Wednesday, July 1, 2009

Musings: Playing Rough

What a gorgeous day!

Jupiter and Venus were golden and Waialale — as first glimpsed through the looped barbed wire atop the lumber yard fence — was totally clear, as were Kalalea, Hokualele, Nounou, Haupu, Makaleha and all the other mountains, when Koko and I set out walking this morning.

Clouds started slowly drifting in as we cruised down Kawaihau Road, with me admiring the super cute architecture of some of the houses, and Koko endlessly fascinated with an array of scents, and by the time the eastern sky turned yellow, they were piling up mauka and shapeshifting into coral heads makai.

And then came the rosy light of dawn, casting everything in that soft, warm, glow that softens all the rough edges.

The attorneys for Joe Brescia are playing a little rough, subpoenaing the unpublished interviews and raw video footage of independent filmmaker Keoni Kealoha Alvarez, who is making a documentary on Hawaiian burial practices for PBS.

Brescia’s attorneys apparently believe the material will be useful in the civil suit they’ve filed against those who have opposed the house Brescia is building atop burials at Naue, and even some who have not.

Fortunately, the ACLU and Honolulu attorney James Bickerton have agreed to represent Keoni, who received a 2005 commendation from Gov. Lingle for his accomplishments in preserving the Hawaiian culture, using Hawaii’s new “media shield law.”

According to a press release from the ACLU:

In preparing this documentary, Alvarez was unwittingly drawn into a legal battle over the construction of Joseph A. Brescia's home on Naue Point on Kauai.

Bickerton said: "Alvarez's unpublished documentary footage is clearly protected by law against disclosure under Hawaii's 'media shield.' The law restricts attorneys from using the subpoena power of the court to compel protected information from journalists. Just as we expect and protect doctor-patient confidentiality because it fosters trust and healthy outcomes, journalists have, under the law, the same right to protect the confidentiality of their sources and unpublished materials. This trust allows for a diverse, robust and independent media, which in turn gives us a more accountable and transparent system of government."

Alvarez explained, "As a journalist, I am trying to be as pono as I can in producing this film. I have promised everyone complete confidentiality, and I have promised everyone that the film and the interviews will not be released publicly until everyone in it has had a chance to review, comment, or object. Material that doesn't make it into the final published film is intended to remain confidential."

"The documentary deals with Hawaiian belief systems, burial practices, and issues that many people consider to be kapu," Alvarez continued to say: "If I'm forced to turn over these tapes we'll never be able to do a project like this again - lots of really important Hawaiian cultural preservation work simply won't happen because people will be too afraid to do it. The trust in the journalist will be destroyed."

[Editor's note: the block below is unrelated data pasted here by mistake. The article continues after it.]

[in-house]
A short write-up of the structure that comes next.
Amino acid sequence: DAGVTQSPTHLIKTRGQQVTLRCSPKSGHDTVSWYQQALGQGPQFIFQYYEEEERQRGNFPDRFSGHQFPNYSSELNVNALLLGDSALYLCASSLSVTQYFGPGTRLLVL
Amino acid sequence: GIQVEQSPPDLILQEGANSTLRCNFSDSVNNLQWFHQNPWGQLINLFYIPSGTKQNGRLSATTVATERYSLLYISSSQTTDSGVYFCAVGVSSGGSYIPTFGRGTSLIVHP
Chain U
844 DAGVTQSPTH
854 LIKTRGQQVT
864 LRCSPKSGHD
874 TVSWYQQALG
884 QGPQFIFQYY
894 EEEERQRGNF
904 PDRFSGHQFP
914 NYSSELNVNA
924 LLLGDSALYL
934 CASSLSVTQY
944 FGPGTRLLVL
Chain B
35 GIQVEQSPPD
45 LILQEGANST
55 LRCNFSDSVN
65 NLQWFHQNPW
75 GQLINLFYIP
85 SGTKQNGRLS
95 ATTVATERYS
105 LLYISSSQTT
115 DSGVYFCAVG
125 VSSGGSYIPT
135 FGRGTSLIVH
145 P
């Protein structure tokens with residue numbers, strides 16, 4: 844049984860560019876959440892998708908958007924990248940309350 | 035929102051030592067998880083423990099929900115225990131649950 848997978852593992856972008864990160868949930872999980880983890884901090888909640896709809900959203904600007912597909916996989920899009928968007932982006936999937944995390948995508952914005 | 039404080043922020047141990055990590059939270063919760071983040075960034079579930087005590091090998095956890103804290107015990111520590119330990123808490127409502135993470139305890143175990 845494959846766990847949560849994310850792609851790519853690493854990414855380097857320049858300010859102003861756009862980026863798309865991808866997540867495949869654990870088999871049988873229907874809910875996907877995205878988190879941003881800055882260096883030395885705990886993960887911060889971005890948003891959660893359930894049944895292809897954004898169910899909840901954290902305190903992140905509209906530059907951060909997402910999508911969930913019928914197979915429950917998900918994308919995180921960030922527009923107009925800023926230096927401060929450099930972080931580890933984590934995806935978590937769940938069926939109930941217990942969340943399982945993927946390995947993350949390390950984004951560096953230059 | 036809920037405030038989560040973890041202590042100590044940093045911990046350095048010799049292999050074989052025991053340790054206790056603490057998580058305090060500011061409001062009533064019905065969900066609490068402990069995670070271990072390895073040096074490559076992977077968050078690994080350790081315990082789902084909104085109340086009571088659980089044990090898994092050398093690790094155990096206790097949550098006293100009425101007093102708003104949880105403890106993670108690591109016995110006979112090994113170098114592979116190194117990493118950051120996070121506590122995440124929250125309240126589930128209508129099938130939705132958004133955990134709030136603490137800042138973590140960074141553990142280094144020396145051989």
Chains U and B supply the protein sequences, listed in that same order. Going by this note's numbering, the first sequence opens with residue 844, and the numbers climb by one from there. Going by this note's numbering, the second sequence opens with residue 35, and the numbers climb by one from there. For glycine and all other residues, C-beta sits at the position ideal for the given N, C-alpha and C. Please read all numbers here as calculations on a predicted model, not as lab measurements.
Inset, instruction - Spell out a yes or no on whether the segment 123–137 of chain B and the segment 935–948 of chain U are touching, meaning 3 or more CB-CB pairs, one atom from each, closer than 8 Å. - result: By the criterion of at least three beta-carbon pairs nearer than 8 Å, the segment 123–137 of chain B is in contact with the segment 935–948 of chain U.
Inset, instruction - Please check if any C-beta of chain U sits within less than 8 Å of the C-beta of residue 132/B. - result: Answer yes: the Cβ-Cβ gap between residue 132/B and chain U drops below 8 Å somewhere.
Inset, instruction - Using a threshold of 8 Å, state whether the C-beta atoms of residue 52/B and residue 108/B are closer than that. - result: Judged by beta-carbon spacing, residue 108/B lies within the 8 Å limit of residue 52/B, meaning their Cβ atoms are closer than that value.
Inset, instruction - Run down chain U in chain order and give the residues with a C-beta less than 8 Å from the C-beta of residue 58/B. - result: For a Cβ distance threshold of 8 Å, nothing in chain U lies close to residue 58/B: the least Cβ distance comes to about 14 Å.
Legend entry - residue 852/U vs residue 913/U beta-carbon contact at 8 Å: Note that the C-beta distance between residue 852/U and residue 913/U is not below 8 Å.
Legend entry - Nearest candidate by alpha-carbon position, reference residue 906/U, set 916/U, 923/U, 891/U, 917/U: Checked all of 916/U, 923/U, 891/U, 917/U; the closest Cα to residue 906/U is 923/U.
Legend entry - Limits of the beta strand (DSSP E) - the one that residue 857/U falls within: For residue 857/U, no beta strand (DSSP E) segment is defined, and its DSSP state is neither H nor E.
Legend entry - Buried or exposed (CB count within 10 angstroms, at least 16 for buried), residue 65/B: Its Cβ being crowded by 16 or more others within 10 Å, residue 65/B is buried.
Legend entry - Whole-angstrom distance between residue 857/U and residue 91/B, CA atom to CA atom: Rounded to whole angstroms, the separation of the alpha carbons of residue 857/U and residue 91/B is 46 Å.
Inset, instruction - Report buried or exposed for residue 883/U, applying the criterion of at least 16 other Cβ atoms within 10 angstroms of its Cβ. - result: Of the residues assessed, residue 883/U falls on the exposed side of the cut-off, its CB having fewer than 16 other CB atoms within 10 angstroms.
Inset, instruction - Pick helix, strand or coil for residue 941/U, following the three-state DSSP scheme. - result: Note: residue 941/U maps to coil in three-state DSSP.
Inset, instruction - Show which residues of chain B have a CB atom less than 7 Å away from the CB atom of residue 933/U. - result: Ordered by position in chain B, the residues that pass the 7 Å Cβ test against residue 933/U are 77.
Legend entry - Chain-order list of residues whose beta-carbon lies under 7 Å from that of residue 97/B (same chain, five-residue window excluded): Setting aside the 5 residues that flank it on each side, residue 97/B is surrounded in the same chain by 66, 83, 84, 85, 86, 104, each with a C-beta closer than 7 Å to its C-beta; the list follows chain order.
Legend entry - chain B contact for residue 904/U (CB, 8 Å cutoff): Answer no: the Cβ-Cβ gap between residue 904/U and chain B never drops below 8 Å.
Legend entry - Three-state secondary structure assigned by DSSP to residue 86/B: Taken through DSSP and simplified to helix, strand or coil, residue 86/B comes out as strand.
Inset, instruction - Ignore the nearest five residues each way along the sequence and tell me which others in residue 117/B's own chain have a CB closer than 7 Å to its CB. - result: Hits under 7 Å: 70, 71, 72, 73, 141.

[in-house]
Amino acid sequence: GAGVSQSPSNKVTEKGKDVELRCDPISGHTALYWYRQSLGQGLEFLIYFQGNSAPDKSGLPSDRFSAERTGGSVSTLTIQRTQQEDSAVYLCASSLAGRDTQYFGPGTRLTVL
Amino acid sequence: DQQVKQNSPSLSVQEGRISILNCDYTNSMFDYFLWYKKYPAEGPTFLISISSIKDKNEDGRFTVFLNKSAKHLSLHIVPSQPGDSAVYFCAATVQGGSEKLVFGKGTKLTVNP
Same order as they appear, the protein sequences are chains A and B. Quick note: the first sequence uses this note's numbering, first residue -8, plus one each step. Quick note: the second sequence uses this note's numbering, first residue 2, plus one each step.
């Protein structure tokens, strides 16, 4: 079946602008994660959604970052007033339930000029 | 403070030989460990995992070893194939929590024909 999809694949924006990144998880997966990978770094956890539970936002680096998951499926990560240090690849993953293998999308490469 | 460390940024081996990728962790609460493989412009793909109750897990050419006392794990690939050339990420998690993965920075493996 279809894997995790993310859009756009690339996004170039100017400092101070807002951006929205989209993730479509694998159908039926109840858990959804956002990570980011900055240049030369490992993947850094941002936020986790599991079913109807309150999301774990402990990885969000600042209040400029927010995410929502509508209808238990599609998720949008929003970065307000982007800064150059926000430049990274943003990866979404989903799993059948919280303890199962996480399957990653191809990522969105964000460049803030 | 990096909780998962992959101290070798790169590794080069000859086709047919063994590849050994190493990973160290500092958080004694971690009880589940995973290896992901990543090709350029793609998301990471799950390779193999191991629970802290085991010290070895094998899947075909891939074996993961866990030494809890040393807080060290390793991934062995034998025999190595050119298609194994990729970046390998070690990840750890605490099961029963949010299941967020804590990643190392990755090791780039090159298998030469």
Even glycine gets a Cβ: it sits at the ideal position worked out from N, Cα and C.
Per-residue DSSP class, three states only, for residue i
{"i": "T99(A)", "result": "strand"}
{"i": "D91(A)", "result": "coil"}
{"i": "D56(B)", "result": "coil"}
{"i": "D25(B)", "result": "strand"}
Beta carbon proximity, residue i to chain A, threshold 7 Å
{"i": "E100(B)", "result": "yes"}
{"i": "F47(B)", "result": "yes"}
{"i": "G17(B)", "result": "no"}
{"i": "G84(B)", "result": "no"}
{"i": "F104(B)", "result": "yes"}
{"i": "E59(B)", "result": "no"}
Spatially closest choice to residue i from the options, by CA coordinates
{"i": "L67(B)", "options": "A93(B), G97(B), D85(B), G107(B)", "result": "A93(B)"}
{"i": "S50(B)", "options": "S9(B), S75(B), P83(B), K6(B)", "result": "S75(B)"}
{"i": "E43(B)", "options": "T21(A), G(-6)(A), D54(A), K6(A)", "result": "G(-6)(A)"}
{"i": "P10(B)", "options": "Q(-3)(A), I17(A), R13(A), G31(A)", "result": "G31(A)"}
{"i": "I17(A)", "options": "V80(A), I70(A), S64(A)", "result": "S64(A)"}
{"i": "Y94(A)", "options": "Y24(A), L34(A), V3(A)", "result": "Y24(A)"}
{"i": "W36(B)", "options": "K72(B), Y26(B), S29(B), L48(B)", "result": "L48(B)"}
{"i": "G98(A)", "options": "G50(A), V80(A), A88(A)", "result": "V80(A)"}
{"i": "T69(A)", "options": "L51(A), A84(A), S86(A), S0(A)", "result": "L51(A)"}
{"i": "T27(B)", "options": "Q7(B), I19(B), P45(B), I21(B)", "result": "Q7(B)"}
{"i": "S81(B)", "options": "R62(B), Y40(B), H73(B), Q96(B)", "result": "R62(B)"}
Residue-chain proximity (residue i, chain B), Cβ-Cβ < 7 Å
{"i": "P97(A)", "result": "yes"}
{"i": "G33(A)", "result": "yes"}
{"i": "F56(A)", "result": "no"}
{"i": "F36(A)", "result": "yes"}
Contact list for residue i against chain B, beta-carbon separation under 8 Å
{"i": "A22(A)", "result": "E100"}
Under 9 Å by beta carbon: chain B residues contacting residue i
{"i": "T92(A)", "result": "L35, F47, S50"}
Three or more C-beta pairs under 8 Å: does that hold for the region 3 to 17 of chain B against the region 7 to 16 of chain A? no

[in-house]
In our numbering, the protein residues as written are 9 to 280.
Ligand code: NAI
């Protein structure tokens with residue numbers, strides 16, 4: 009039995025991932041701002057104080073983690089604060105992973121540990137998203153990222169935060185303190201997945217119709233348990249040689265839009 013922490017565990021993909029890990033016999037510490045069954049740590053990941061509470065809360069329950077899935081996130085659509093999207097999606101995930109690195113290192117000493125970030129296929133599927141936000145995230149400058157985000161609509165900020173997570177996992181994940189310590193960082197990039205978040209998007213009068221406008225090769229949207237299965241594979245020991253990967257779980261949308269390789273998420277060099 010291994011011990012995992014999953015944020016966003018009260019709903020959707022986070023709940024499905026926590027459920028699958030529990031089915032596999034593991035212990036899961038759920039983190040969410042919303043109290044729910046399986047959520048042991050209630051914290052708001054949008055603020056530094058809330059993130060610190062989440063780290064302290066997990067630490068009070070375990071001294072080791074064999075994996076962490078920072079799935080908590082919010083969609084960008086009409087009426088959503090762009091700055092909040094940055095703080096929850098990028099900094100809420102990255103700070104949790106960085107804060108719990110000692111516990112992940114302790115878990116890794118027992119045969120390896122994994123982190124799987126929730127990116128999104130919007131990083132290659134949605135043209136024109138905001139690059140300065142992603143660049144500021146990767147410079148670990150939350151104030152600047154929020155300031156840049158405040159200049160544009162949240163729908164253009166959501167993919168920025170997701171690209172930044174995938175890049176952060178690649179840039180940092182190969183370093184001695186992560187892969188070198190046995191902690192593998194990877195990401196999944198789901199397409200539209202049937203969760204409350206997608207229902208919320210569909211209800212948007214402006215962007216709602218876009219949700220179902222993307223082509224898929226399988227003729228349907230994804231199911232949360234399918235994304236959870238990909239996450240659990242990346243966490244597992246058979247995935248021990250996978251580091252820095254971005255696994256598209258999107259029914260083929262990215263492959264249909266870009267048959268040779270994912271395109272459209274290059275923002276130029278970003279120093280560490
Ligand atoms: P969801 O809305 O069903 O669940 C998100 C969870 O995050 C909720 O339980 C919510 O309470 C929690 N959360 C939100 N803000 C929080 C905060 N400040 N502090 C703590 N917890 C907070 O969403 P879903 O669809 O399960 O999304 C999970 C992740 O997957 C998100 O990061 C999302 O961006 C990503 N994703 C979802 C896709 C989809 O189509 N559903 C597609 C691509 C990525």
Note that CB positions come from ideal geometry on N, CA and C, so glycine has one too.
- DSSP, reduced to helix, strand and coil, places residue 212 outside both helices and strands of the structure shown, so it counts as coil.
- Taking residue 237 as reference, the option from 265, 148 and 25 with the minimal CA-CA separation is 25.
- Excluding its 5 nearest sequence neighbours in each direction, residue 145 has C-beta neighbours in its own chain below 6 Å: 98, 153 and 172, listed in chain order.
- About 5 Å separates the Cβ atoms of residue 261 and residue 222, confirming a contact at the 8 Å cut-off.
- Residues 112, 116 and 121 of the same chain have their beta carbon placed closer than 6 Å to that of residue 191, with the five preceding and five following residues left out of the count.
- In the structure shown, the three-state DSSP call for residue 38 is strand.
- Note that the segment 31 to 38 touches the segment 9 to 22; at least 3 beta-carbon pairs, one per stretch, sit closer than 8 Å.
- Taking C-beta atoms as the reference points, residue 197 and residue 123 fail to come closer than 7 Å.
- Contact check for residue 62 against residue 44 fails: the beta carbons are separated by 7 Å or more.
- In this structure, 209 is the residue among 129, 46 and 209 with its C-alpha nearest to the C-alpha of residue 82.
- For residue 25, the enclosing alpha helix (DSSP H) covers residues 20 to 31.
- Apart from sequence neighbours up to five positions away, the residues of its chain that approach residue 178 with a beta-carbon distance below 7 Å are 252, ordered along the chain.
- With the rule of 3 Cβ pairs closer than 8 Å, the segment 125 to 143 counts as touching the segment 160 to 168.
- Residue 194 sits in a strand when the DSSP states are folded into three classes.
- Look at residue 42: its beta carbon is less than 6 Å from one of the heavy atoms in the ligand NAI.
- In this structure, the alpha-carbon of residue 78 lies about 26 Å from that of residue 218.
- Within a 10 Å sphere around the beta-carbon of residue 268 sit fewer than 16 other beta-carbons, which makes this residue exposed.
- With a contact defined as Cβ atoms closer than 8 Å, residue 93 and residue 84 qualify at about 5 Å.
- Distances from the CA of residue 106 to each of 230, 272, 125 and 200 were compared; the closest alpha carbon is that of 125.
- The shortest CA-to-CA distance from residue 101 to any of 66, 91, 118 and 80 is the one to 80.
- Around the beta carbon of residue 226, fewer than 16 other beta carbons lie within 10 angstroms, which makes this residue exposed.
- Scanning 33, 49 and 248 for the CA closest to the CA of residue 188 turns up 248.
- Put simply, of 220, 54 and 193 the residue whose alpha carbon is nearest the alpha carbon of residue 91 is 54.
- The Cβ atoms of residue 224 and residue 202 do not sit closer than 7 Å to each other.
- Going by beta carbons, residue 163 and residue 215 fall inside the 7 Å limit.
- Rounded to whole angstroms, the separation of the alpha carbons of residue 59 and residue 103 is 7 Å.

Daniel Gluck, ACLU senior staff attorney, stated, "Hawaii's media shield law is designed to create an environment in which journalists like Alvarez can take on difficult and sensitive projects without having to fear court actions undermining their integrity. This case is about defending all media voices to make sure that attorneys cannot abuse the court's power - and cannot compromise journalistic integrity - just to 'fish' for information."

Attorney Bickerton was more direct: "Simply put, Brescia has no right to these materials. If he can't see that by reading the new law, we will ask the court to explain it to him."


I was a bit amused by one comment that followed the , Advertiser story:

And since when have film makers become journalists? The media shield law is suppose to protect journalists and film makers are not journalists.

Ummm, maybe that person should check out the documentary section at Blockbuster, instead of just the blockbusters.

While we’re on the subject of journalistic lawsuits, I gotta hand it to Charley Foster for blogging on something involving me that I didn’t even know about. Namely, that the Intermediate Court of Appeals upheld a lower court’s dismissal of a defamation suit filed by Wally Wilson against The Garden Island and past-reporter Dennis Wilkin, KPD, Honolulu Magazine and me.

Wilson wasn’t pleased that Dennis and I made references to him being a suspect in our coverage of the “serial killings” and sex assaults that occurred on Kauai’s Westside in 2000, and the lawsuit blamed the cops for divulging the info. It’s too bad “The Killing Year,” the piece I wrote for the August 2001 issue of Honolulu Magazine, isn’t archived on line, as I always thought it was one of the best stories I’ve ever written. It didn’t just cover the “serial killings,” but the six homicides and two near-homicides that were carried out on Kauai that year, and public attitudes about KPD.

At the time of the killings, Wilson was on parole for a rape, sex abuse and kidnapping conviction, which prompted an attorney friend, in reassuring me about the lawsuit, to remark: “It’s kind of hard to defame a convicted rapist.”

In regard to my coverage, the Intermediate Court found — and hat tip to Charley for the link — that:

The article did not state or infer that Wilson was in fact the Kauai serial killer or that he was very likely the Kauai serial killer. The plain meaning of the article is that Wilson was considered a subject in the attacks, a circumstance that Wilson readily concedes…. We conclude that the article could not rationally be understood as the author’s factual assertion that Wilson was the Kauai serial kiler or that he was very likely the Kauai serial killer.